Counsellors helping people stay sane amid pandemic


Dr Kavya says she gets as many six to seven calls a day from people facing anxiety, panic attacks and nervousness

Hyderabad: Being exposed to news about infections and deaths every single minute of the day has become the norm of the pandemic we live in. It’s not only tiring physically, but also mentally for counsellors whose job is to make sure their clients stay sane.

Dr Kavya C, a trained psychologist who is providing free counselling to people from the State as part of Master Mind Foundation, says there is an overwhelming feeling of helplessness among people. “They are being too hard on themselves. More than anxiety, the foremost fear in their minds is contracting the virus. Many are facing sleepless nights because of this fear. Some suddenly feel anxious while watching the news and get palpitations,” shares Dr Kavya who gets as many six to seven calls a day from people facing anxiety, panic attacks, nervousness, and even harried parents who are in a fix about how to keep their children indoors.

“Children are increasingly frustrated sitting at home for so long, so that is coming out in the forms of tantrums and increased gadget use. We observed a lot of college dropouts too as they are unsure of their future, which is leading to more anxiety,” states Social Counselling Services who gets at least ten calls a day related to Covid-19 from patients, families affected by the virus and those recovering from it.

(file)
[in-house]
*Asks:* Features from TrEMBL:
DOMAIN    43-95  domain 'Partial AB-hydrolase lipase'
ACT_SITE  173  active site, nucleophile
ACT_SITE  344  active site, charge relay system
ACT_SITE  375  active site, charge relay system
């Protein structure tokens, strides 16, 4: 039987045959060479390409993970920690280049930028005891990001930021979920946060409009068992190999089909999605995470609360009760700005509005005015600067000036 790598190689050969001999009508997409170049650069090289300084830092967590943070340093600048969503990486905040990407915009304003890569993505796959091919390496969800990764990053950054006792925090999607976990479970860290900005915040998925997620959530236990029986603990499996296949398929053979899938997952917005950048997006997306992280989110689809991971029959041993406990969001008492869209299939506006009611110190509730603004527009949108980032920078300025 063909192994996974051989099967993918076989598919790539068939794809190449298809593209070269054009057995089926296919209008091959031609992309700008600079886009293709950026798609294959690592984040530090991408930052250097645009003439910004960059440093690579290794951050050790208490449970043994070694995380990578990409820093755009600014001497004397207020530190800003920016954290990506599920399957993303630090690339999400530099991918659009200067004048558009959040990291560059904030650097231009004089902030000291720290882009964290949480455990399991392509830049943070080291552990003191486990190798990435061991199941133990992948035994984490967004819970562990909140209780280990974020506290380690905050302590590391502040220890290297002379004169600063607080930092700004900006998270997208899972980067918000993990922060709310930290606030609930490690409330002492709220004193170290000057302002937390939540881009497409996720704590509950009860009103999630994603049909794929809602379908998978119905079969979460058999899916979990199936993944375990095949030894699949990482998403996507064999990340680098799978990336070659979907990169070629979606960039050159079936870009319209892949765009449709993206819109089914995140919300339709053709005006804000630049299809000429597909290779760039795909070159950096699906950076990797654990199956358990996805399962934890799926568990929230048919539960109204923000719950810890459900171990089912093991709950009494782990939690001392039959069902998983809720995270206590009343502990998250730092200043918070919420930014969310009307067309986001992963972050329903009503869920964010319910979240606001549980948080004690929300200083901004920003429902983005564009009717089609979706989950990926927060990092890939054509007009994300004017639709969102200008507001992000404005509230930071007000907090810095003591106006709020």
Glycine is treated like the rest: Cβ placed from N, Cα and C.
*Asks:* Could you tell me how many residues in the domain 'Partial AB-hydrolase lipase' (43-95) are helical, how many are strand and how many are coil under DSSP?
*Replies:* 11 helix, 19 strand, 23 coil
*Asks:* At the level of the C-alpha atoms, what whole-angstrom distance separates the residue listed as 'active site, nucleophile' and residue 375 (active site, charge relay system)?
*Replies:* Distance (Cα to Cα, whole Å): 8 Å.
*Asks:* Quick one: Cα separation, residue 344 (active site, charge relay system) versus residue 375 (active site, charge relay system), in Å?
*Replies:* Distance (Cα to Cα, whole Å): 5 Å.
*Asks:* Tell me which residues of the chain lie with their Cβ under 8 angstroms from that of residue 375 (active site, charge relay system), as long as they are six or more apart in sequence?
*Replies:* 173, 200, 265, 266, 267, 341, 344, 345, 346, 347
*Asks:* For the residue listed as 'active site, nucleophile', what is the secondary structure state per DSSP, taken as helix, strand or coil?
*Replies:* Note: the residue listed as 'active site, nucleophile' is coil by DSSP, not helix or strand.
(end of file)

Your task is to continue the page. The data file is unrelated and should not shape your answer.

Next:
“A lot of people are dealing with guilt if they are infecting their loved ones by chance. We try and talk them out of it. We got one caller whose fiancée left him when he lost his paid internship due to the pandemic and got married to someone else. With no job prospects and no partner, he went into depression. We spent an hour or two counselling him. With free counselling, we can’t spend more than 45 minutes on one call. But for some cases, we do follow ups too,” says Krishna Mohan Rao who spends two to three hours of his day as a volunteer for Rachakonda Police’s Psycho Social Counselling Services.

The team comprises 11 members who come from counselling backgrounds and field requests from rural areas too. Compared to last year, most counselors say the frequency of calls is significantly higher this time. “I would advise not to think too much about the future and be in the present and develop positive thinking. Stick to a schedule, eat healthy food and get active. Do an activity that makes you happy. There is no use obsessing over what has happened,” suggests Dr Jayanti.


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